Old Philadelphia:
Prints and watercolors by Frank H. Taylor (1846-1927)

p. 4

Taylor as "Special Artist": During the mid-1870s, Taylor embarked on a role providing illustrations and text for articles for a succession of different newspapers and magzines over the course of his long life. This role was the principal subject of Nancy L. Gustke's well-researched 1995 book, The Special Artist in American Culture: A Biography of Frank Hamilton Taylor (1846-1927) -- and her 1991 University of New Hampshire dissertation on which it was based -- the best modern historiography on Taylor's life and work.

Gustke reports that Taylor had contributed an illustration to Frank Leslie's Illustrated Newspaper, a weekly, as early as September 1872, but especially important in this regard was Taylor's regular connection as a special artist with the New York Daily Graphic, touted as the first illustrated daily newspaper in this country. The Daily Graphic was established in 1872, and Taylor joined the enterprise two years later. Scrutiny of the run of the Daily Graphic [reportedly accessible digitally at Rutgers] would doubtlessly document his role much more fully, but a few articles (figs. 4.1-4.3) will demonstrate the kind of work this entailed. These illustrations were usually event-based, and most were captioned as being "from the Philadelphia Art Bureau of the Daily Graphic" and signed by Taylor, but some instances were not credited this way or were initialed by others. He may have illustrated some articles of his own authorship such as "The Freak of a Tramp," about broken plate glass windows on a Chestnut Street shop (fig. 4.3) in 1876. But the Centennial Exhibition in Philadelphia that year was a key, recurring topic.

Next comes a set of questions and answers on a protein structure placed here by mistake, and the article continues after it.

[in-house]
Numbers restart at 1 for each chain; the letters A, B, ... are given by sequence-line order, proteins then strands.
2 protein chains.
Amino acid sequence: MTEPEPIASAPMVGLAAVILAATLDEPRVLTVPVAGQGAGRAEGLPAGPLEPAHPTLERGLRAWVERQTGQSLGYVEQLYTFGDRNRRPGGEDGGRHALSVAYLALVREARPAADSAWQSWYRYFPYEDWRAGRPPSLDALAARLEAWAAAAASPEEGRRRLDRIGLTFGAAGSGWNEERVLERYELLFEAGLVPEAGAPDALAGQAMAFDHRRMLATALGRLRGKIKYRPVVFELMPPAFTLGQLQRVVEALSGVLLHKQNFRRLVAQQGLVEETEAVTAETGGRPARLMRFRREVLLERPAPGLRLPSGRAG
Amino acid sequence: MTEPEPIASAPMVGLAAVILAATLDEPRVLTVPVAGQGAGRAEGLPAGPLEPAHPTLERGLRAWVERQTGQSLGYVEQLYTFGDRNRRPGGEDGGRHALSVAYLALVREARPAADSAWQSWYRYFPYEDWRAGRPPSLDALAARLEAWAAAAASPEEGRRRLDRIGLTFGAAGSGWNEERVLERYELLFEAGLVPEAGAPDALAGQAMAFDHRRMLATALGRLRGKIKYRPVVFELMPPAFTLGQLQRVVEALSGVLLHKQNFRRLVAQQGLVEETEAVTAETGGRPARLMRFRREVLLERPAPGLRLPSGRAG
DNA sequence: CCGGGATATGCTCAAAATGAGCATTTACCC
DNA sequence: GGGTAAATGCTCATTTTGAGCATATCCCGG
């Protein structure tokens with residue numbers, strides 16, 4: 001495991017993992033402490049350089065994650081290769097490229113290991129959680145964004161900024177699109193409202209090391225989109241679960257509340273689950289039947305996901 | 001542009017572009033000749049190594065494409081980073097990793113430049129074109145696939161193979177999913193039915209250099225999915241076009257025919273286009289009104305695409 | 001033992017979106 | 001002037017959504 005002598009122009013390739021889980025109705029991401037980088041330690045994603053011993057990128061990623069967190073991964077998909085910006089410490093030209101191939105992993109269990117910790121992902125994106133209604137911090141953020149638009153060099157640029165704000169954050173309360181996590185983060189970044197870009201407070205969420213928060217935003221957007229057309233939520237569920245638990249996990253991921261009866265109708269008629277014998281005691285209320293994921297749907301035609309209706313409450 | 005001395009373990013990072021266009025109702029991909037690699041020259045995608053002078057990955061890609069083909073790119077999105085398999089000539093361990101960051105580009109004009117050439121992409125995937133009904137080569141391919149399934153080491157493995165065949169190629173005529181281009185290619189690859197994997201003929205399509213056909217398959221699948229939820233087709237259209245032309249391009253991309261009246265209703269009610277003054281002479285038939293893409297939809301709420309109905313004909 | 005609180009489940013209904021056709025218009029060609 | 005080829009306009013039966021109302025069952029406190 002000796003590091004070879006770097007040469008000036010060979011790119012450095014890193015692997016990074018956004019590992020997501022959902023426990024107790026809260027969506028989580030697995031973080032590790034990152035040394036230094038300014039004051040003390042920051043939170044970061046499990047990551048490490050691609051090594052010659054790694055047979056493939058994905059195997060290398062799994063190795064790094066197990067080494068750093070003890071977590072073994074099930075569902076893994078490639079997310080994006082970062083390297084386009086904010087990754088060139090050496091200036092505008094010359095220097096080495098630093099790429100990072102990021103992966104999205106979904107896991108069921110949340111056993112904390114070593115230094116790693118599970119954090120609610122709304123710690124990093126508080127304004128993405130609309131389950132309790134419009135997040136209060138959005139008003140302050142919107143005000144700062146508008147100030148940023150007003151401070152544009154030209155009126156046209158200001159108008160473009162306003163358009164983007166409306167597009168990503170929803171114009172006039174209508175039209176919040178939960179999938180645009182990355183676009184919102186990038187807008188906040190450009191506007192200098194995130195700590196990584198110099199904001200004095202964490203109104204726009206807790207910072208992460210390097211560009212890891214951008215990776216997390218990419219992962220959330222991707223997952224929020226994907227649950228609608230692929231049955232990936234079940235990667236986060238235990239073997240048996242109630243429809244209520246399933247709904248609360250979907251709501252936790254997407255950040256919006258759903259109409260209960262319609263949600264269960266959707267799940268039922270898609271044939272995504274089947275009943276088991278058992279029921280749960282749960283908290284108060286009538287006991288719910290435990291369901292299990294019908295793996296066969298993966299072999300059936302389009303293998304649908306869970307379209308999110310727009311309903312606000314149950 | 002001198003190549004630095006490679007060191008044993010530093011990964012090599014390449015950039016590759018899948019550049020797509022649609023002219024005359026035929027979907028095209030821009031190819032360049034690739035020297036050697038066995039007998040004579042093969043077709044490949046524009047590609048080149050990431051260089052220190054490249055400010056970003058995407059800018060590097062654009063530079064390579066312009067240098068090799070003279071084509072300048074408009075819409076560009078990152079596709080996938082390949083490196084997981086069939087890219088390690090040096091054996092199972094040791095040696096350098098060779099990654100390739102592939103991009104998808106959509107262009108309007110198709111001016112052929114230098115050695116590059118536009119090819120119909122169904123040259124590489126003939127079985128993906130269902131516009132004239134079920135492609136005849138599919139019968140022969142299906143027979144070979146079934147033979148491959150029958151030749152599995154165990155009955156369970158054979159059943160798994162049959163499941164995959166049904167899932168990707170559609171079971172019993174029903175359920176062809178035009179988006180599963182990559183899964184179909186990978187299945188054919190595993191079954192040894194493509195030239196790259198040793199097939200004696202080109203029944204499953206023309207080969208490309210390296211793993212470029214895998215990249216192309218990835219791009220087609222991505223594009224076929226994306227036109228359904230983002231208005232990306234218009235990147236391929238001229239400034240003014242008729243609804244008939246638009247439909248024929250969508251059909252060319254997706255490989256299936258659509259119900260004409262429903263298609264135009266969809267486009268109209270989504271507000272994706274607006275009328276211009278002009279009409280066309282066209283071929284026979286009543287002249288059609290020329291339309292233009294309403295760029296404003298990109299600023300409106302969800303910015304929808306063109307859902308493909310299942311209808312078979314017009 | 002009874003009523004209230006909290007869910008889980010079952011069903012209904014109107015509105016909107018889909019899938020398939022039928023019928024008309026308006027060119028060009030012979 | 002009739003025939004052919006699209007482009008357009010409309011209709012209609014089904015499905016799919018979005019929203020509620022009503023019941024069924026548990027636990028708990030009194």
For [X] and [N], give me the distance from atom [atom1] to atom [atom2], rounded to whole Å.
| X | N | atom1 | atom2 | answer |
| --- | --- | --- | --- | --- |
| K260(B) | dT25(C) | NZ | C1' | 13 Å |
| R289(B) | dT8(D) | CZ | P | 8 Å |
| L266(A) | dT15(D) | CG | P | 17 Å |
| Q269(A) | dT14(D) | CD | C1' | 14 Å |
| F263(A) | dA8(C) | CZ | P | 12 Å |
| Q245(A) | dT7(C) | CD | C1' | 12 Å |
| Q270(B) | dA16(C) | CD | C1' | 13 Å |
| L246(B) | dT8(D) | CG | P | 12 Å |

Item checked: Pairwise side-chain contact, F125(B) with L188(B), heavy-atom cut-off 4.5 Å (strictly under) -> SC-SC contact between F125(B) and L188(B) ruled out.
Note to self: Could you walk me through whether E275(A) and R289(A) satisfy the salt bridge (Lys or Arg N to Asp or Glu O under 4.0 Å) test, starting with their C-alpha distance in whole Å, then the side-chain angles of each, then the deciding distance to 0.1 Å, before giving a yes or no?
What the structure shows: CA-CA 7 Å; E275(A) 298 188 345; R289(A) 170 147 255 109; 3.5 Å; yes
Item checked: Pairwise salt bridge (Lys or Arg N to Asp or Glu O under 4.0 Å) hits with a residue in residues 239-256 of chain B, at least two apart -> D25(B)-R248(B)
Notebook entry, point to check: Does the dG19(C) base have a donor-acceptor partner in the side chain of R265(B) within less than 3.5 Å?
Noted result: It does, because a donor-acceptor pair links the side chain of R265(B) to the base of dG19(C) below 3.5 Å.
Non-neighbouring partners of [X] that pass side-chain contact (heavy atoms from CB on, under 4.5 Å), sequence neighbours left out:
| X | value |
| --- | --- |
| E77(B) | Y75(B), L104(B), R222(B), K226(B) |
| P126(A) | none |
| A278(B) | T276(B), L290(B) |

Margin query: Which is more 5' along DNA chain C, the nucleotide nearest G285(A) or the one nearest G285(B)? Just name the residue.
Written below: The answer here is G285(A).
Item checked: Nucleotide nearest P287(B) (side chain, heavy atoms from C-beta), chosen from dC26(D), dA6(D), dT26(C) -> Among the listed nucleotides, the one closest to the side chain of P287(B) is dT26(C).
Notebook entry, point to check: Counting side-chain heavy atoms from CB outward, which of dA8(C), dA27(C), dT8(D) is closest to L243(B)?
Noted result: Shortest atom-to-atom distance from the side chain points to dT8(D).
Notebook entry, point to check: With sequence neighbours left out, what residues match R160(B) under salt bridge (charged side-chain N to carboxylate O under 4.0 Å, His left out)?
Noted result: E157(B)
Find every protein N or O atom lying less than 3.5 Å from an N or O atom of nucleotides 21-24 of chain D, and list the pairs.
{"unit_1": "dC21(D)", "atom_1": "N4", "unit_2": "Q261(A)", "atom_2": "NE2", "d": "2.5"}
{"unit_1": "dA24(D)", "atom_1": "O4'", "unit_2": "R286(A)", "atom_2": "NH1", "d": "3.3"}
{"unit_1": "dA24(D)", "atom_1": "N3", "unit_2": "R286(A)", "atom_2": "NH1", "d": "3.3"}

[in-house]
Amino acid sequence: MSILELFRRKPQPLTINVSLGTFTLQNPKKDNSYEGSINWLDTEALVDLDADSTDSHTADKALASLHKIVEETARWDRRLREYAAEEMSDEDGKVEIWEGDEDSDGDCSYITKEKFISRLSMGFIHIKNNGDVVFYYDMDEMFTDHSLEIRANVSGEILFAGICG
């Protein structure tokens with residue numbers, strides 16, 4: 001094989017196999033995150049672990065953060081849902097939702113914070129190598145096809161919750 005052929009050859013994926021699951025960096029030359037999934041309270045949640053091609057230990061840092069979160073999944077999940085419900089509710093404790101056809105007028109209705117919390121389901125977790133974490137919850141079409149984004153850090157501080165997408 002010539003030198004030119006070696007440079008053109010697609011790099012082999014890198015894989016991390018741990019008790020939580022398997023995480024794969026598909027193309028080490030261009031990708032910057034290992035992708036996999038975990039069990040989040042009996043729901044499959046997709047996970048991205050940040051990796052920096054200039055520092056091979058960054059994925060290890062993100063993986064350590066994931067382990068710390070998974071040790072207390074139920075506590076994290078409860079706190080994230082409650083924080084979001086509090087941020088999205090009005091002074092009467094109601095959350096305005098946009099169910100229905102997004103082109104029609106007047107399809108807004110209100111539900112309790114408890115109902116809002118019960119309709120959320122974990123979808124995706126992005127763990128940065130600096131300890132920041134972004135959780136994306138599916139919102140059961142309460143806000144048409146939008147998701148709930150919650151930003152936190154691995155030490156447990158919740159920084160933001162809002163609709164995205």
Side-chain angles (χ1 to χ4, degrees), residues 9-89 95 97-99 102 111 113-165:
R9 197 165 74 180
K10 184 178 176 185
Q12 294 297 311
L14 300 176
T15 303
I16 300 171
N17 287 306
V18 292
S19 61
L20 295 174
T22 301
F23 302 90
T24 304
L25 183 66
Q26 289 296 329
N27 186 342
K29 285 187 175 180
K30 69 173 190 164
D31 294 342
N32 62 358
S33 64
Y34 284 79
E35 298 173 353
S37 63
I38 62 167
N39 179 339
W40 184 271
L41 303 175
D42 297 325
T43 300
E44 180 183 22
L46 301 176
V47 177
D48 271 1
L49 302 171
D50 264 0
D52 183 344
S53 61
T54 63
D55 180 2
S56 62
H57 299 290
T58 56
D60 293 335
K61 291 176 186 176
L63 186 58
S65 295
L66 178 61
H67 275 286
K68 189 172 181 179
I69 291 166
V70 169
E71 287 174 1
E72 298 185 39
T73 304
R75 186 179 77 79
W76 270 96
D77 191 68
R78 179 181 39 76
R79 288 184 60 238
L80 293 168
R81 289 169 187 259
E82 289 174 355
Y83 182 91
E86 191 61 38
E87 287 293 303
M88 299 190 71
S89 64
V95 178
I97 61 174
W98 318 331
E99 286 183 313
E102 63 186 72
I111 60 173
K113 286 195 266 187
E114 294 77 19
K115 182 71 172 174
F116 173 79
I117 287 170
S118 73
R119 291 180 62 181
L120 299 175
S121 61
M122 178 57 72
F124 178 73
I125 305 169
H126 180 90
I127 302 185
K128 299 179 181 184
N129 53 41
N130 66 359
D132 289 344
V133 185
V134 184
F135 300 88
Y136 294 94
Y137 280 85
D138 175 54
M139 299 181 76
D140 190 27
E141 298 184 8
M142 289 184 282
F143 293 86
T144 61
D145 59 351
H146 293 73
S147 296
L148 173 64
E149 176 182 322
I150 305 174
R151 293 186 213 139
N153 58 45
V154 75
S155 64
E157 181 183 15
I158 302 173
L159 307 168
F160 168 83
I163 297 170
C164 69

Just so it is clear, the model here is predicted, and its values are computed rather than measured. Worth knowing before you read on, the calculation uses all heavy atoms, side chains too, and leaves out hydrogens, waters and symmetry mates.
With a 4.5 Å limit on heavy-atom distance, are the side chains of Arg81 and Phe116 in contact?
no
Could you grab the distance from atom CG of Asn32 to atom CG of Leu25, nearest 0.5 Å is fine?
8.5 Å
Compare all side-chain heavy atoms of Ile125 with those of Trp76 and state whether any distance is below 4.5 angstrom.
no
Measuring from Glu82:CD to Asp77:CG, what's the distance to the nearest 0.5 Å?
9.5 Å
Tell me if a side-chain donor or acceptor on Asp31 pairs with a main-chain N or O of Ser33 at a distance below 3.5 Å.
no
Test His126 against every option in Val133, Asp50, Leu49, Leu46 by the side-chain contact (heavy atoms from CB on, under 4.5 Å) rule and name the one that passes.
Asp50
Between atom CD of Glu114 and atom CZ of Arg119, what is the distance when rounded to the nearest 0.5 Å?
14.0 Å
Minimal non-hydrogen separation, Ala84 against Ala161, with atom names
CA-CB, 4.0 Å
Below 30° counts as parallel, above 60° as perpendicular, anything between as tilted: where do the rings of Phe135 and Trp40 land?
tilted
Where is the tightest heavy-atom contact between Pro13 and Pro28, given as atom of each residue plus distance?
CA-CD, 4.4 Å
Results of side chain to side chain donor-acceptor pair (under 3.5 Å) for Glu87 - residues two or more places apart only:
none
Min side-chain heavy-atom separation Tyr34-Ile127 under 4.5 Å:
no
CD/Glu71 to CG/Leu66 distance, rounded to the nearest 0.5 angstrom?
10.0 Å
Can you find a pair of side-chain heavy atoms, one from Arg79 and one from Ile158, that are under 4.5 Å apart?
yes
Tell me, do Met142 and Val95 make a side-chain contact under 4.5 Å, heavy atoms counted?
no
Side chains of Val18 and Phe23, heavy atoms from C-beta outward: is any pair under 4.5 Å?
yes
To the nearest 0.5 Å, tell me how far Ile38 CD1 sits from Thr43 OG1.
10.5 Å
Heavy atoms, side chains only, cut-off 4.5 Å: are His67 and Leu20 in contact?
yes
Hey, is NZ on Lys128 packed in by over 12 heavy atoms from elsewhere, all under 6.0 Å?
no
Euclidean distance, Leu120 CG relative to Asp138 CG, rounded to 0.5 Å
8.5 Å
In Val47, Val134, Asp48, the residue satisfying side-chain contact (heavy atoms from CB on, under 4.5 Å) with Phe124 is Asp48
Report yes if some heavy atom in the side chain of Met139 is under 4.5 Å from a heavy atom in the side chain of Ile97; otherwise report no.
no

Fig. 4.2. F. H. Taylor, "Burning of the Market Street Bridge, Philadelphia, Last Saturday Evening," New York Daily Graphic, 20 Nov. 1875 (Castner Collection 19: 44, Free Library of Philadelphia).

Gustke reports that The Daily Graphic failed in 1878, but Taylor found many other opportunities for placing his drawings in publications. He perhaps gained his greatest notoriety in accompanying former president U. S. Grant on trips to Florida, Cuba, and Mexico, about which he provided illustrated articles for Harper's Weekly in the early 1880s (one the subject of print no. 387, about 1924). He also wrote and illustrated a large number of publications, most of them short travel or guide books to places such as the Piedmont regions of Western North Carolina, South Carolina and Georgia (1878), the Schuylkill Valley (1878), the Lehigh Valley (1878), Texas (1879), Vermont (c. 1880), Minnesota (1881), the St. Lawrence (1884), Pennsylvania's "Petroleum Region" (1884), the Shenandoah uplands (1885), the Adirondacks (1888, 1892), Mackinac Island (1889), Roanoke, VA (1890), New Jersey (1893), and The Thousand Islands (1893).